Puppies need to be given clear leadership and guidance from a very early age, right from the start. They must have clear limits and understand that the human being is in control of their behavior. This does not mean harshness or strictness, but that the human being must control all aspects of the puppy’s life in a way that the puppy can perceive it. Play, food, toys and access to valuable items must be carefully controlled so that the puppy clearly understands who is the leader in the household.
Most Aussies are «easy pups», and far too many Aussie owners go through the «easy pup stage» without considering the consequences. An Aussie who hasn’t had much practice bowing to a human’s wishes doesn’t easily take direction at times when direct compliance is needed. It is advisable to train your puppy to be obedient, docile and non-argumentative during the part of his life when it is easiest…the puppy stage.
Q. When my dog greets someone for the first time, he shows all his teeth and “smiles”. Some visitors mistake this for aggressive behavior, but she is very excited and happy. What is she doing and how can I explain it to the people who visit her?
A. It appears that your dog is showing an appeasing gesture, called a submissive smile, to show you and others that she is not a threat. Submissive smiles are a way for a dog to show deference to another person. Submissive smiles are generally associated with more movement and a lower body posture than the dog’s normal posture. Your dog is likely to use other signals, along with his submissive smile, to show deference, such as lowering his tail, raising a paw, licking you, licking his lips, and looking away or squinting.
The submissive smile is a tactic used by dogs to stop the aggression of another individual, whether human or canine.
This behavior is commonly seen in greeting situations where the dog is actively soliciting attention in a non-threatening manner. Often the submissive smile invites interaction from others, but your dog may also try to increase the distance between himself and others if he feels threatened. It is likely that your dog has continued to «smile» at you and your family because she has called you a lot of attention in the past. In fact, you can turn your dog’s smile into a trick by clicking and giving him a treat each time he clicks and adding a word, like «say cheese,» just as he starts to smile, which will encourage his smile more if this is a behavior you like to see. It would be helpful to explain to visitors before they meet your beloved canine that she smiles as part of her greeting sequence but is not threatening. You can even channel your greeting behavior into another outlet, such as a game of ball or a quick series of tricks that you are asked to do, such as sit and lie down, as a way to redirect your energy away from greeting mode, where you’re likely to smile. , and in a different mode, such as the game or the acquisition of food. If you doubt that your dog is smiling as a greeting behavior to show appeasement, or if there is any possibility that aggression may be involved in his behavior, contact your veterinarian, who can refer you to a veterinary behavior specialist or dog trainer. certified professional dogs .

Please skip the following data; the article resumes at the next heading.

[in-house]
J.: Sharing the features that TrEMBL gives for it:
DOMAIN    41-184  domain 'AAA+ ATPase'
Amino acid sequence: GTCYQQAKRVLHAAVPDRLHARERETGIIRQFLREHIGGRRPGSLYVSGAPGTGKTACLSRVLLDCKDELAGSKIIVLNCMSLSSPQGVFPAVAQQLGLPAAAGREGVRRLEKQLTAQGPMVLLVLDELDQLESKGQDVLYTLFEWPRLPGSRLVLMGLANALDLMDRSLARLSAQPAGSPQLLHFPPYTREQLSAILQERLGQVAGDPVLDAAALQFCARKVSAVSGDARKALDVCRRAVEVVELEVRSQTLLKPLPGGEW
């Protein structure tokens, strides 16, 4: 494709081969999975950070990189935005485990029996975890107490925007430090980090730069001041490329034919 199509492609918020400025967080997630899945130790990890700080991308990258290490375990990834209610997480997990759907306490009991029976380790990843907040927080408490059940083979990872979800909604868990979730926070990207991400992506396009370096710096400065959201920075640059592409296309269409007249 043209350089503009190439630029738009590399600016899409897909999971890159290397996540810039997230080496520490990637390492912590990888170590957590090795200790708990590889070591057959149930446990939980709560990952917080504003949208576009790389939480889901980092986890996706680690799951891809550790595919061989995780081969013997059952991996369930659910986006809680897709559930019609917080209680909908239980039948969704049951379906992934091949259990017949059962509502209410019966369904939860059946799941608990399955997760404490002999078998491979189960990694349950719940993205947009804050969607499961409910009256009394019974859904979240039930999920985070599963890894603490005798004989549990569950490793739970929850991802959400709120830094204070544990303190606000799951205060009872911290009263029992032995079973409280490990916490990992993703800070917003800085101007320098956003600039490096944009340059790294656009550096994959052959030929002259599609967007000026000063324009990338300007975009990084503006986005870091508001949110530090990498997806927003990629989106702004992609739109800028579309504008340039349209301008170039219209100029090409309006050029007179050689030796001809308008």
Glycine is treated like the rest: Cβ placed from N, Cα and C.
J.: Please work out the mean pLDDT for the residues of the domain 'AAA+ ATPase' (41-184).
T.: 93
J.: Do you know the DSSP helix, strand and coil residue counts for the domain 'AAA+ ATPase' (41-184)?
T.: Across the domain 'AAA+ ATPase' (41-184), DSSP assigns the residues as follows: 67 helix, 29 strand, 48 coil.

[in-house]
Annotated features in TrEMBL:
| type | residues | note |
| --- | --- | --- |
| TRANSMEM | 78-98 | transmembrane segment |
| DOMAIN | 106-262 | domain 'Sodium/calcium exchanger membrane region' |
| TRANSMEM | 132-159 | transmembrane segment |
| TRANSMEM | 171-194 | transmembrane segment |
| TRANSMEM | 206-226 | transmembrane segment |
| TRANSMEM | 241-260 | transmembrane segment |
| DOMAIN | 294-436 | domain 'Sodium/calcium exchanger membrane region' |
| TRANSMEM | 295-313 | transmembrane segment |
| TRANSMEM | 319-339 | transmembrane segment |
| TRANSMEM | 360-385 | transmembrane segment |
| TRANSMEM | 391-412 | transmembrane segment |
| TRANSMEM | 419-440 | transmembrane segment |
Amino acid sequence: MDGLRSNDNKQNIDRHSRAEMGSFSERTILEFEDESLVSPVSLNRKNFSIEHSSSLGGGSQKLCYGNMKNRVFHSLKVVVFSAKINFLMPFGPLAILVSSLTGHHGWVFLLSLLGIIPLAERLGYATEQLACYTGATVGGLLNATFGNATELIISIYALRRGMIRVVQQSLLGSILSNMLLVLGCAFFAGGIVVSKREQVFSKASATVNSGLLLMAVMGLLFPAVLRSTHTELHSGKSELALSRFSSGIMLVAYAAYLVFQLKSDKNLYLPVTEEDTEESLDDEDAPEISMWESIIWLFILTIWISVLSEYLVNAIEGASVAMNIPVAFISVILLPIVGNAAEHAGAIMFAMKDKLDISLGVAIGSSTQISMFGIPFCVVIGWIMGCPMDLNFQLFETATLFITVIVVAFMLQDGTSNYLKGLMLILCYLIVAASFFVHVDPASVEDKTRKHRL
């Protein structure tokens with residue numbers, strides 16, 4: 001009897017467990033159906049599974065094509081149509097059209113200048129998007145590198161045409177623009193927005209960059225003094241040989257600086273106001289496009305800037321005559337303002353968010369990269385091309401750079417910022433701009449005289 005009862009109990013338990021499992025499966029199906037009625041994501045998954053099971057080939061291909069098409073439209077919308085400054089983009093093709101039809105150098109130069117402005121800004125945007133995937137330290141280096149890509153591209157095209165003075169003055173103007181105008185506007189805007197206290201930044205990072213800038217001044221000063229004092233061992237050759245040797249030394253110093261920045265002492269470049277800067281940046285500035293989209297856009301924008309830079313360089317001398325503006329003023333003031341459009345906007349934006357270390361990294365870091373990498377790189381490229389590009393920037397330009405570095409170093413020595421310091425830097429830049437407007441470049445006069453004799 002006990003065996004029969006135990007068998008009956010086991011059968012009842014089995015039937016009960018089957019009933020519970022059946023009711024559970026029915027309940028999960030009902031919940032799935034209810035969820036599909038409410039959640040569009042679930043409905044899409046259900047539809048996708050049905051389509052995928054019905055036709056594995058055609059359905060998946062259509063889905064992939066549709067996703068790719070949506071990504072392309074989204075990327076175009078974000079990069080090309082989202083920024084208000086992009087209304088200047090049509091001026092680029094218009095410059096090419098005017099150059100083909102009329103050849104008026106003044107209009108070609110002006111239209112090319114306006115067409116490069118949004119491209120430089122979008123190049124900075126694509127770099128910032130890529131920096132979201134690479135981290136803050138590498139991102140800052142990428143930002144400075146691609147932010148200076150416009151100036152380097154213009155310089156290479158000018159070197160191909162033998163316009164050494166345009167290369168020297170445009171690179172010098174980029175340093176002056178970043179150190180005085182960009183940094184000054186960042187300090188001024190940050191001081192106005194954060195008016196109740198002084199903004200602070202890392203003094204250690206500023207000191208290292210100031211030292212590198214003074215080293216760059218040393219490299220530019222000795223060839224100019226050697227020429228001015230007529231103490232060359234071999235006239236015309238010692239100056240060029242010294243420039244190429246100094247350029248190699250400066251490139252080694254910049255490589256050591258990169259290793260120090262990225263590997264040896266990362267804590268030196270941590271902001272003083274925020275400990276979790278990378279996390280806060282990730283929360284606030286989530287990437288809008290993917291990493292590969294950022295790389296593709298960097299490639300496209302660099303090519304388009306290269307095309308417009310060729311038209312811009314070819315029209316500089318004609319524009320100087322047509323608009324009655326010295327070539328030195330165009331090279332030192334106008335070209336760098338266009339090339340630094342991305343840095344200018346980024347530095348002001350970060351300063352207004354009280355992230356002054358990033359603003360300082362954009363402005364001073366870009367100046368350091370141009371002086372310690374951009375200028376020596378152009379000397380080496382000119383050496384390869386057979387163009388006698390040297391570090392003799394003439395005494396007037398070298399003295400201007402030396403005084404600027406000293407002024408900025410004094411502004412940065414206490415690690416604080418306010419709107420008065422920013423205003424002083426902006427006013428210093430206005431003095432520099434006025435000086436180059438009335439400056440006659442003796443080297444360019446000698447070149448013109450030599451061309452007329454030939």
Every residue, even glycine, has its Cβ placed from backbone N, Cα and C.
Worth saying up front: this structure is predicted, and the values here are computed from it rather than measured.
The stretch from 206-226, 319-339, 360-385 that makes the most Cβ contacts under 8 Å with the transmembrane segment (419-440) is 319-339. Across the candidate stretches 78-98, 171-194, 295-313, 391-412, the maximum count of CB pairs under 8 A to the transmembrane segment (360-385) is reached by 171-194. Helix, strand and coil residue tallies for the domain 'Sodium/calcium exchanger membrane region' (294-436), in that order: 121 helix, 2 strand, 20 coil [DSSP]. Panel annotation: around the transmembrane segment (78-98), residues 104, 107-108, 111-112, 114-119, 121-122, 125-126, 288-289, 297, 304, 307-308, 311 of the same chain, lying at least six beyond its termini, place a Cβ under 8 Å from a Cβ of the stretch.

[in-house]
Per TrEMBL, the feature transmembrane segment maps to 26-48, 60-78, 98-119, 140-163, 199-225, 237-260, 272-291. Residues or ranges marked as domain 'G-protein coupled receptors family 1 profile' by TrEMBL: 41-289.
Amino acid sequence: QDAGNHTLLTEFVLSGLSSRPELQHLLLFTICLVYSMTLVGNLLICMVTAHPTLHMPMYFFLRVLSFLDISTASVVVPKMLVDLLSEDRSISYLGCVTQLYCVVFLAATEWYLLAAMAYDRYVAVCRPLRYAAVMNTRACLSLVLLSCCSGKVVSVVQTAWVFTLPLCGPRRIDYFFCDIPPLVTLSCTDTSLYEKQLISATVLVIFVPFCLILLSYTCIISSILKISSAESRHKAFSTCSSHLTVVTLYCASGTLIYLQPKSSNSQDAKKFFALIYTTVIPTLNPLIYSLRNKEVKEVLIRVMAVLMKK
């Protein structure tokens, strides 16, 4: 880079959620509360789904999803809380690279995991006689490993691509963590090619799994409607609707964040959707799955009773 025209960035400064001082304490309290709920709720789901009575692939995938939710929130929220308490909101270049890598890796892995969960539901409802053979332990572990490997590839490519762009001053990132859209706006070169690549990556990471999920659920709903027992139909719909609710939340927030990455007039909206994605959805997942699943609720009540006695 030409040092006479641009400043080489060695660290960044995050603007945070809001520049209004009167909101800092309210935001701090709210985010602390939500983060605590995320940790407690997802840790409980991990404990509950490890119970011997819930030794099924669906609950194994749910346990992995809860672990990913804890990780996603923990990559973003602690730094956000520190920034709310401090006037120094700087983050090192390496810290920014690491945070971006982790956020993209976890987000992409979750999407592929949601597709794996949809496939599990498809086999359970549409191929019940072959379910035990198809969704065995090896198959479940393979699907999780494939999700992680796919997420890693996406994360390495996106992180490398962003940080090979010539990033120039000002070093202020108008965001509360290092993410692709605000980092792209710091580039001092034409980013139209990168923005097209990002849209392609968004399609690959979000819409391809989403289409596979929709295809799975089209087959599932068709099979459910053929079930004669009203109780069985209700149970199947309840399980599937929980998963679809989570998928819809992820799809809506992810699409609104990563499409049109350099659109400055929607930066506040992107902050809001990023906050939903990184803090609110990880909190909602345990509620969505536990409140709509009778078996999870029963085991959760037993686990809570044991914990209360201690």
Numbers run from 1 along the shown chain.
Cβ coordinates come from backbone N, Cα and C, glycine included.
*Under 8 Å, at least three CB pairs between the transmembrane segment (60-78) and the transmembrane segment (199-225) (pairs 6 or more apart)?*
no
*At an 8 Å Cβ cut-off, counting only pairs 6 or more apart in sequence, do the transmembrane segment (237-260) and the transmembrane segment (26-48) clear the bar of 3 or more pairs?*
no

You know that dogs pant to cool down on a warm day or after vigorous activity. But did you know that it can also be an indicator of how they feel?
Panting can be a sign of stress, so if the pup doesn’t seem hot or tired, pay attention to his body language. If it is an unknown dog, give it space and avoid making sudden movements that could scare it. If it’s your dog, consider what might be stressing him out and try to get him off the trigger.
It would be better if you didn’t let babies play with an Australian. The breed is very energetic and playful, so your dog may jump around babies too much.
A baby may not know how to interact with a dog and may accidentally hit or grab the dog.